A GOP Stunt Backfires,

 And Accidentally Reveals

 A Truth Republicans

 Want Hidden

By: Greg Sargent
July 6, 2017
The New York Times
With the Republican campaign to repeal and replace the Affordable Care Act now set to enter its final, frenzied push, the Indianapolis Star reports that the Indiana GOP attempted a stunt that was supposed to provide Republicans with more ammunition against the law. But the stunt went awry:
The Indiana Republican Party posed a question to Facebook on Monday: “What’s your Obamacare horror story? Let us know.”

The responses were unexpected.
“My sister finally has access to affordable quality care and treatment for her diabetes.”
“My father’s small business was able to insure its employees for the first time ever. #thanksObama”
“Love Obamacare!”
“The only horror in the story is that Republicans might take it away.”…
By 8:30 a.m. Tuesday, the Indiana GOP’s post collected more than 1,500 comments, the vast majority in support of Obamacare.
As David Nather points out, this reveals that the energy in this battle right now is on the side of those who want to save the Affordable Care Act. But, while the rate of pro-ACA postings should obviously not be taken as a scientific indicator of public opinion, this episode also neatly captures another larger truth about why it is proving so hard for Republicans to repeal the law: It has helped untold numbers of people, and the GOP bill would largely reverse that.

This is admittedly a simple and obvious point, yet the extraordinary lengths to which Republicans are going to obscure this basic reality continue to elude sufficient recognition. If you think about it, pretty much every major lie that President Trump and Republicans are telling right now to get their repeal-and-replace bill passed is designed to cover it up.

The Washington Post and the New York Times have published two excellent pieces that debunk most of the leading GOP lies and distortions of the moment on health care. The Post piece looks at a series of White House claims. They include exaggerated assertions about Obamacare premium hikes (that don’t take into account subsidies that ease costs for lower-income people) and gamed statistics about the number covered by the ACA (that don’t take into account the enormous coverage gains achieved by the Medicaid expansion). Most insultingly of all, the White House is criticizing Obamacare because 29 million Americans currently remain uncovered. The spectacularly dumb argument here is actually that Obamacare is failing because it hasn’t succeeded in achieving universal coverage, so we should embrace a GOP bill that would leave nearly 50 million uncovered in 10 years.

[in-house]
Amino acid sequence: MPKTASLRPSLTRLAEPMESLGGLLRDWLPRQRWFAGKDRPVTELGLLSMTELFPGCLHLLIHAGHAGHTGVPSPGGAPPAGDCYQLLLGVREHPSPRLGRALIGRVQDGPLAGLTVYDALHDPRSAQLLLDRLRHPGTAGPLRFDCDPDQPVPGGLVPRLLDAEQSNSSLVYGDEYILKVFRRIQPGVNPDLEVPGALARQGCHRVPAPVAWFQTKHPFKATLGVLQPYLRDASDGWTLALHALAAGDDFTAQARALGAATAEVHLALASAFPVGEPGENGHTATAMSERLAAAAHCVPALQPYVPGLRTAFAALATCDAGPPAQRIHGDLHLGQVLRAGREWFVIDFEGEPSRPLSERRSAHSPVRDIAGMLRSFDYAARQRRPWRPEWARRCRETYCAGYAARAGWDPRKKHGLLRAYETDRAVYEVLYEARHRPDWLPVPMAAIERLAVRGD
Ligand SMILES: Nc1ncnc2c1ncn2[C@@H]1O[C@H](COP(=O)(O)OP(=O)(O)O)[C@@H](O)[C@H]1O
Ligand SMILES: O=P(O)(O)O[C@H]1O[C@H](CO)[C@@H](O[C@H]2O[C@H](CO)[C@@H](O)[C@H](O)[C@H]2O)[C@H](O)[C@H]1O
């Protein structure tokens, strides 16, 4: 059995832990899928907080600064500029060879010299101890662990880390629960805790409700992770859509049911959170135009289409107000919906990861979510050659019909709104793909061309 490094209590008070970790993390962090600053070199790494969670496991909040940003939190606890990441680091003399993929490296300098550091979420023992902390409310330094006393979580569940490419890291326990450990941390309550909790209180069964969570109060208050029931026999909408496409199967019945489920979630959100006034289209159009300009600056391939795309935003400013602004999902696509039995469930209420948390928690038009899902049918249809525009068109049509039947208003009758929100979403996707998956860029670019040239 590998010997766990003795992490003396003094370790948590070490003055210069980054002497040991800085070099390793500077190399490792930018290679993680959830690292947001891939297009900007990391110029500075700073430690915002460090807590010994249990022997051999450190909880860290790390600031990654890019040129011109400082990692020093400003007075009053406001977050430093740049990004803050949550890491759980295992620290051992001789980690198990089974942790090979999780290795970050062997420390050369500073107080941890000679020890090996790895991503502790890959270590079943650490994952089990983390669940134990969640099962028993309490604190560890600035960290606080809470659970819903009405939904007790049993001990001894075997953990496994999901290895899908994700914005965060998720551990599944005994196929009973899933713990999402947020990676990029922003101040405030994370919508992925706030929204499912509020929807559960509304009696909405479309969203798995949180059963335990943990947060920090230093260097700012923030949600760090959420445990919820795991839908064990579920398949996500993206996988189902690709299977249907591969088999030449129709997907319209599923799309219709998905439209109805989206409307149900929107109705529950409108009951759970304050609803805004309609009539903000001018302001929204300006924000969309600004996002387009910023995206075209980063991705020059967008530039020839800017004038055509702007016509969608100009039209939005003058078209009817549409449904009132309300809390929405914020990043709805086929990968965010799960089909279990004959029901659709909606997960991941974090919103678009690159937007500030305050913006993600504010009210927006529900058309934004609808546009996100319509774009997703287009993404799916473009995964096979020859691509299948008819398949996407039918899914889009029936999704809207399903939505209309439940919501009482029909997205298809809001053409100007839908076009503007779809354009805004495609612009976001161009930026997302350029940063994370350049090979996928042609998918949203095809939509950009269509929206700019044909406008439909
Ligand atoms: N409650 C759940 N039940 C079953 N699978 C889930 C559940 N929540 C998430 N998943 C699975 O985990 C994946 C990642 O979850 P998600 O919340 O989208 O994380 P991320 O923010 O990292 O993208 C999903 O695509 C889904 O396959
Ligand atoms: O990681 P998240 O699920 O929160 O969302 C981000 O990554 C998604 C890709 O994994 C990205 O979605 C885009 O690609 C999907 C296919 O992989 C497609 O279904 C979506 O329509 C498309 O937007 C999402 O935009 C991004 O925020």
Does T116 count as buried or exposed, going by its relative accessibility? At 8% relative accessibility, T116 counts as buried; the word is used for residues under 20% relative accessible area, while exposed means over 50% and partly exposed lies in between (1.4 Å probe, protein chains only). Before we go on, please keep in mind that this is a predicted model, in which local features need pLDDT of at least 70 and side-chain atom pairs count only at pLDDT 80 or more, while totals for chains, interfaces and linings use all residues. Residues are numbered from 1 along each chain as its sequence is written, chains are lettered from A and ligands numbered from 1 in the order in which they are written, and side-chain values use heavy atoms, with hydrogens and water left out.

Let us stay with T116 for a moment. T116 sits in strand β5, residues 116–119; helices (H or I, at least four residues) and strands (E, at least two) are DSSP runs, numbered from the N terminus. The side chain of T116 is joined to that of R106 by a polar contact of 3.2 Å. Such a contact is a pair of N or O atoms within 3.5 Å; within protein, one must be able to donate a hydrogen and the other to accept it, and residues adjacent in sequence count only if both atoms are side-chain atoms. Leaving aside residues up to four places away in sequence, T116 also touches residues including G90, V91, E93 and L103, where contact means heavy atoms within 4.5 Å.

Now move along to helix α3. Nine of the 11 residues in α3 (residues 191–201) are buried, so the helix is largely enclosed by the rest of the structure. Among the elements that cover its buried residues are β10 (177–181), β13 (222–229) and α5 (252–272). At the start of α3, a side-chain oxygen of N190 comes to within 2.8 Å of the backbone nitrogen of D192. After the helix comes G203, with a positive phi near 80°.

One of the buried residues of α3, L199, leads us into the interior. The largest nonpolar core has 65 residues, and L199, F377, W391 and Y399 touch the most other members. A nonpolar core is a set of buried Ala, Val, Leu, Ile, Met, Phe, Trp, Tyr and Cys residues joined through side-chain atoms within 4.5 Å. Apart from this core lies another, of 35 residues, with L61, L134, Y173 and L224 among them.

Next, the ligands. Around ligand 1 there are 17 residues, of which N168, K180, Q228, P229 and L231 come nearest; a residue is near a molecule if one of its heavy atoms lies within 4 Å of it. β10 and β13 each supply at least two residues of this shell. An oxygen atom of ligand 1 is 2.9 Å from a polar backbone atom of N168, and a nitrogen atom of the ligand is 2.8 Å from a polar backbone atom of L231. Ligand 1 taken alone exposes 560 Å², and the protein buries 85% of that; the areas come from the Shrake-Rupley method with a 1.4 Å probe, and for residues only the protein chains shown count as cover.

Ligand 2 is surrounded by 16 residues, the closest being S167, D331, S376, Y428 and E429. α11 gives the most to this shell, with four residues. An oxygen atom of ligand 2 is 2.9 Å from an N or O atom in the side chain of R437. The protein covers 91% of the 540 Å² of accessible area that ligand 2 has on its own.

Meanwhile, the Times piece looks at a bunch of claims by congressional Republicans. Among them: The dopey, dissembling, nonsensical assertions that the GOP bill somehow keeps the Medicaid expansion and that Medicaid spending actually goes up (the GOP bill phases out the ACA’s federal contributions to the expansion and dramatically cuts Medicaid spending relative to current law, which would leave 15 million fewer covered by that program). And some Republicans are actually blaming Obamacare for the fact that some remain uncovered by the Medicaid expansion in states where GOP governors didn’t opt into it.

All of these lies and distortions, in one way or another, are meant to obscure two basic realities: The ACA, for all its problems, is actually helping millions and millions of people, and the GOP bill would undo much of those gains. This would not be necessary, if Republicans were willing to forthrightly defend their actual policy goals and the principles and priorities underlying them.
Moderate Republican senators are in fact acknowledging the priorities embedded in the GOP plan when they criticize it for trying to roll back the help that the ACA is giving to millions and millions of poor people in order to finance huge tax cuts for the rich. But you don’t see many congressional Republicans who support the bill admitting to its most basic features, or defending them with an argument as to why its projected consequences would be worth the bill’s trade-offs. Instead, these realities are buried under piles of horse manure about “smooth glide paths” and “rescue missions” and “bridges to better health care” and “soft landings” and all the other claims recounted above about how the ACA doesn’t do what it actually does and how GOP bill wouldn’t actually do what it is intended to do.

 NOTE:  Let's all remember that most Americans get their health insurance through their employers.   Here are some facts (data, statistics) from the U.S. Bureau of the Census about where we get our health care coverage:

In 2015, private health insurance coverage continued to be more prevalent than public coverage, at 67.2 percent and 37.1 percent, respectively. Of the subtypes of health insurance, employer-based insurance covered 55.7 percent of the population for some or all of the calendar year, followed by Medicaid (19.6 percent), Medicare (16.3 percent), direct-purchase (16.3 percent), and military coverage (4.7 percent).

So when you hear Paul Ryan and Mitch McConnell yapping on and on about how evil Obamacare is, just note that they are lying through their brilliantly white teeth! 

Take Care!  It Can Be Rough Out There In Trumpland!


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